An Oak Park clinic that caters to children in need was left off the list of health centers slated to become Federally Qualified Health Centers (FQHC), thanks to federal government budget cuts of more than $170 million. For the Children’s Clinic, that means there will be no expansion to provide care for adults as well as kids.
The Children’s Clinic, 320 Lake St., initially applied for the grant back in December of 2010. The federal government pledged to award more than $200 million in grant money, with the funds slated to be to be divvied up among some 300 health care centers across the country. In total, 800 centers applied for the grant funding.
But by the time awards were announced, funding had dwindled to a mere $28.8 million, and only 67 health centers were awarded the money to achieve FQHC status.
The Children’s Clinic was not one of them, though back when the funding totaled more than $200 million, the clinic estimated a 50 percent chance of being granted the funds to obtain that status, which would have required that they expand the scope of the operation.
“Once you become an FQHC you’re mandated to serve the entire family,” said Jill Marie Aller, marketing and development manager for the Children’s Clinic.
That made sense to the people at the clinic, who often get asked by parents why they can’t get the same care their kids do. “I think it’s just easier for the parents to be seen at the same facility,” Aller said.
Had the funding come through for the Children’s Clinic to become an FQHC, Aller said they expected an award of somewhere in the ballpark of $650,000. But that’s really just a guess.
“We were never sure how much money we were going to get,” she said.
Expanding the client base would also have meant expanding the size of the operation, and Aller said the plan was to add a second facility nearby to treat additional patients. “We had a whole transition plan,” Aller noted, which included adding additional staff.
But for now, things will remain largely the same.
The clinic currently services children from infancy to 18 years, and clients come not only from Oak Park but from the city of Chicago and approximately 50 other communities in Cook County. The clinic caters to impoverished patients, and every child treated must qualify under the federal poverty guidelines.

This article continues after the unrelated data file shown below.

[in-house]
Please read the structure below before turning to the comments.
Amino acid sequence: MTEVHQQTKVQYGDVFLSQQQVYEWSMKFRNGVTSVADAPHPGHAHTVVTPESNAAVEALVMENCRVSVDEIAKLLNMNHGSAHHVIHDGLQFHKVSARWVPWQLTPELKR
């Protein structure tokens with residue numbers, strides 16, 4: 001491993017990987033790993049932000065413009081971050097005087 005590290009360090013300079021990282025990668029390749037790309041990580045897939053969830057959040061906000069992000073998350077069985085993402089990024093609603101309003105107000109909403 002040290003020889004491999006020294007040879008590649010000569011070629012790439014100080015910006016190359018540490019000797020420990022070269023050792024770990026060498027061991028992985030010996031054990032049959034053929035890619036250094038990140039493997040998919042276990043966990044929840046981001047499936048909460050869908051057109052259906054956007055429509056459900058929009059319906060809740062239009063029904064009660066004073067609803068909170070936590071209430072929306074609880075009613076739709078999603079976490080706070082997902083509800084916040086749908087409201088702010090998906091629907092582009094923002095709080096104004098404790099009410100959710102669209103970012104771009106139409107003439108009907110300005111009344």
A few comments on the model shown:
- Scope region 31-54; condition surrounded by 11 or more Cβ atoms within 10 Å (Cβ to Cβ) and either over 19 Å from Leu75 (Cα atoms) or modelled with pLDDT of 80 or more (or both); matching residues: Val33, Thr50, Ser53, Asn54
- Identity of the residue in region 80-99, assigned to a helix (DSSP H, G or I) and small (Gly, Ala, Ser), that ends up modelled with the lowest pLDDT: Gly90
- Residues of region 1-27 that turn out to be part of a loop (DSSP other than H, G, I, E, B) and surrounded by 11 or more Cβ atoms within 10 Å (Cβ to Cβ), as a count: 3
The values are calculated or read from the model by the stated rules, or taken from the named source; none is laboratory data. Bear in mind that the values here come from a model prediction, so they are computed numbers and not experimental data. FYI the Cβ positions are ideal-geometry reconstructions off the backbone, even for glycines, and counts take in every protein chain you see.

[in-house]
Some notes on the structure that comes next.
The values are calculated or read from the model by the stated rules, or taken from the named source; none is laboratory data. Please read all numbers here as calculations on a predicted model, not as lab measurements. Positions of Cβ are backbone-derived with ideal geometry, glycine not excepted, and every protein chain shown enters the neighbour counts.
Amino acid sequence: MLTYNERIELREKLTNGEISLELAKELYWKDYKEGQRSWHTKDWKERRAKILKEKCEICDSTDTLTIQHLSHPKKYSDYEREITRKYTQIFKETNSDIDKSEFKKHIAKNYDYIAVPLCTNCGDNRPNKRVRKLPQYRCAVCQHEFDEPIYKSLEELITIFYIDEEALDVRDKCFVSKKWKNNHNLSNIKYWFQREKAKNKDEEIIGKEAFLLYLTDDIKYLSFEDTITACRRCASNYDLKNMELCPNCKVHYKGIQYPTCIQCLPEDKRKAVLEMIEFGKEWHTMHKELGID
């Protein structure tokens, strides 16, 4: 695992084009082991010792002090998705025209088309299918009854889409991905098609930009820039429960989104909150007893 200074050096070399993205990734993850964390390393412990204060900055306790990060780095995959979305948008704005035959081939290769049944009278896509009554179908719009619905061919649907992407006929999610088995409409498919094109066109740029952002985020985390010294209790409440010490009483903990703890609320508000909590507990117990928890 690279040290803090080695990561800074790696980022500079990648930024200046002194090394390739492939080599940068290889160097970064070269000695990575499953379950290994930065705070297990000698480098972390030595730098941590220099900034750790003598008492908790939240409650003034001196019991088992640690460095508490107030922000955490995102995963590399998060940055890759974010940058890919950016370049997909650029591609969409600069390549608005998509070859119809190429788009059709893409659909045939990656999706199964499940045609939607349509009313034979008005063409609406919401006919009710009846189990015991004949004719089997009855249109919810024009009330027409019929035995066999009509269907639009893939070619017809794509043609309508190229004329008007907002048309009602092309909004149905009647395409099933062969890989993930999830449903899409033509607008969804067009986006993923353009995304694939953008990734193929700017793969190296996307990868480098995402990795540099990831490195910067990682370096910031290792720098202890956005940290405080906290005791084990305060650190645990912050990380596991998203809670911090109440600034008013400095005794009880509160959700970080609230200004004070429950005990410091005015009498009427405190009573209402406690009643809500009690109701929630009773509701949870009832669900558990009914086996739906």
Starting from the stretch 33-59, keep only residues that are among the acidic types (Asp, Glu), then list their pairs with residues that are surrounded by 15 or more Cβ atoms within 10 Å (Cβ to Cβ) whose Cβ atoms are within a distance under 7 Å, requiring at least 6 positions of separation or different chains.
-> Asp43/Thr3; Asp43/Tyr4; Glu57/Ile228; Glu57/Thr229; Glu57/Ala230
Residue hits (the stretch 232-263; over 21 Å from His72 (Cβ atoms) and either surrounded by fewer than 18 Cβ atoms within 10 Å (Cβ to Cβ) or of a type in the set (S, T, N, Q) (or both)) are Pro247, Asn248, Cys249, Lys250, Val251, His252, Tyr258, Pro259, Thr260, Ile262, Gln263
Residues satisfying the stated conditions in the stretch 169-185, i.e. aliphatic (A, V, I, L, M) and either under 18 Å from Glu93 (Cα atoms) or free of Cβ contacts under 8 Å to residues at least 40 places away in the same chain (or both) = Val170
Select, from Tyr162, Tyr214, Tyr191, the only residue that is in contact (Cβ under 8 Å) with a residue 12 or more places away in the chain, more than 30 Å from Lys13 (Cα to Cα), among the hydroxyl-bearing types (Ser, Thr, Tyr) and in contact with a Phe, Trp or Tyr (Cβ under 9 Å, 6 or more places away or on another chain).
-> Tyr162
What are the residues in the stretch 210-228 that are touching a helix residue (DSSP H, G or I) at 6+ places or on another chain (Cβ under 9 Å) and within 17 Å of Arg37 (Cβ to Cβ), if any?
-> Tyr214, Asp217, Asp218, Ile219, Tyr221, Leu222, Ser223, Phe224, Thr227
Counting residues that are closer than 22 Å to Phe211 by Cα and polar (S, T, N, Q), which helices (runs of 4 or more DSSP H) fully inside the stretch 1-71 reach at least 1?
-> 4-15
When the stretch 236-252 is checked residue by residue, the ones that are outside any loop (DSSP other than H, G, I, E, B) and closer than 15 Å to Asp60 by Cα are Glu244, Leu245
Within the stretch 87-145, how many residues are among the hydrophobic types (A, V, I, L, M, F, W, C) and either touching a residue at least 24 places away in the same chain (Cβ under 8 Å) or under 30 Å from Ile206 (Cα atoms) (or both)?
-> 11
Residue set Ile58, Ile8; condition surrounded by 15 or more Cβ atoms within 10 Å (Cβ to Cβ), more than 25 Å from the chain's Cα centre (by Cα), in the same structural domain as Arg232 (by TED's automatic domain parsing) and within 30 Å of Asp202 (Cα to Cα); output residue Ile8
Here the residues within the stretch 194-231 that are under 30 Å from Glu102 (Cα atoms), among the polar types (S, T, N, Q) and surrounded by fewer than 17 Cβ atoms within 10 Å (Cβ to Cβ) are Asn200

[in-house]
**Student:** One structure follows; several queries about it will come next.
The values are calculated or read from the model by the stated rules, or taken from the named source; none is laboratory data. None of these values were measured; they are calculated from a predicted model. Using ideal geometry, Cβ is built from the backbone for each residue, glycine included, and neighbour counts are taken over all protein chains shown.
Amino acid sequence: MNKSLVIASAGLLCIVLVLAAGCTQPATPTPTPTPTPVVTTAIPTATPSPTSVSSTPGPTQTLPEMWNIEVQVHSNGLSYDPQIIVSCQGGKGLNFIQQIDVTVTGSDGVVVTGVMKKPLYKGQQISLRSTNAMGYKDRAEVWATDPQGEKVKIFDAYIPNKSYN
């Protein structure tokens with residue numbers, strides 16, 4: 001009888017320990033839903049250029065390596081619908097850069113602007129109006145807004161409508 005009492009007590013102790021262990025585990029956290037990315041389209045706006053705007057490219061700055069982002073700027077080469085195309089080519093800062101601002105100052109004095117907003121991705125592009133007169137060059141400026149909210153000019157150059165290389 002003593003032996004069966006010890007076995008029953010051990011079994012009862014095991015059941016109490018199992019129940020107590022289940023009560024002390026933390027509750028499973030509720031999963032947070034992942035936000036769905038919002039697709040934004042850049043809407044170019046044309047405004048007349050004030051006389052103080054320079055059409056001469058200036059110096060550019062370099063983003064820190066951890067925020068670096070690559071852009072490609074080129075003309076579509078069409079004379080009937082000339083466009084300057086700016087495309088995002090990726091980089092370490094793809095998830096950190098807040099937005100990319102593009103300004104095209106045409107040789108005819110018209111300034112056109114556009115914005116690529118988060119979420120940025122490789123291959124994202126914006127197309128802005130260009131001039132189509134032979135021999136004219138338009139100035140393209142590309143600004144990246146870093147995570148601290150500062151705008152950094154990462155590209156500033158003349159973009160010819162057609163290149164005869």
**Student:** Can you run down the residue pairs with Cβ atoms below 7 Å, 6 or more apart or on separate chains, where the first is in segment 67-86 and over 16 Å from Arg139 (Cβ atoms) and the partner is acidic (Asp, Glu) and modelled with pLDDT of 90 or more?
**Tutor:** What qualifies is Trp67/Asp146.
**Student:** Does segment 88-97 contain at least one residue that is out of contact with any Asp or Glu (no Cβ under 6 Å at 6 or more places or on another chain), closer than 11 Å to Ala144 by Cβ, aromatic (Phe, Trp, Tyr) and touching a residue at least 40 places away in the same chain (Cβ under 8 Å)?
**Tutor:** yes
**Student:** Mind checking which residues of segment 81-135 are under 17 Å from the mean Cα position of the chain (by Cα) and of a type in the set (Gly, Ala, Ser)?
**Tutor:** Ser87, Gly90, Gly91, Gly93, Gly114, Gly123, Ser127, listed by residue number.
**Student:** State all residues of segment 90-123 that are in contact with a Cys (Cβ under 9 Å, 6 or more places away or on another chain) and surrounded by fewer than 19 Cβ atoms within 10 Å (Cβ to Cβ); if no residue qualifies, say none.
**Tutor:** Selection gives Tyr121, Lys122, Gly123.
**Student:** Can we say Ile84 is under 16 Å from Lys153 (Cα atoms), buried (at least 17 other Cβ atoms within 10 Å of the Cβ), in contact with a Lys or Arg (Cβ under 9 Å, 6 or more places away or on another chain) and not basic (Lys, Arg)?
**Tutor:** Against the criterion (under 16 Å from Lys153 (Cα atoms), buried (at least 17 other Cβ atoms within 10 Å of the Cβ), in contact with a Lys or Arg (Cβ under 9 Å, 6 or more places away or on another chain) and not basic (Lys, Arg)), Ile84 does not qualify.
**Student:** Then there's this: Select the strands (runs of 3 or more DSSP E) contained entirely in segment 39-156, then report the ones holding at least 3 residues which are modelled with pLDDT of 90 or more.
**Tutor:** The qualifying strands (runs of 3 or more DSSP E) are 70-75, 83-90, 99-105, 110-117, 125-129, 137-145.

The number of children served at the Children’s Clinic has skyrocketed in the past five years, and in their last fiscal year, the clinic has provided medical care, dental care and social services to more than 3,200 children whose parents cannot afford private health care. Approximately 20 percent of those children reside in Oak Park.
Treatment for these kids is paid for in part through a government insurance program called All Kids, which provides health care funding for low-income children. But that money doesn’t go very far, and covers a mere fraction of the amount necessary for the Children’s Clinic to provide their patients with necessary medical and dental care.
A local organization makes up the difference.
“At this time the support we receive from the Oak Park-River Forest Infant Welfare Society continues to be both crucial and beneficial to our operating costs,” said Leah Beckwith, president of the board of directors of the Children’s Clinic, in a press release provided by the clinic about being denied the federal funding to become a FQHC.
Children’s Clinic Executive Director Elizabeth Lippitt said the clinic will continue to seek out additional funding to ease the burden on the Oak Park-River Forest Infant Welfare Society.
“It is our plan to work with our elected leaders to try and increase our reimbursement from the state, which would be closer to the actual cost of the care that we provide,” she said. “We will also continue to look for support from the community through grants and donations.”
“We always do depend on the support of the community,” Aller said.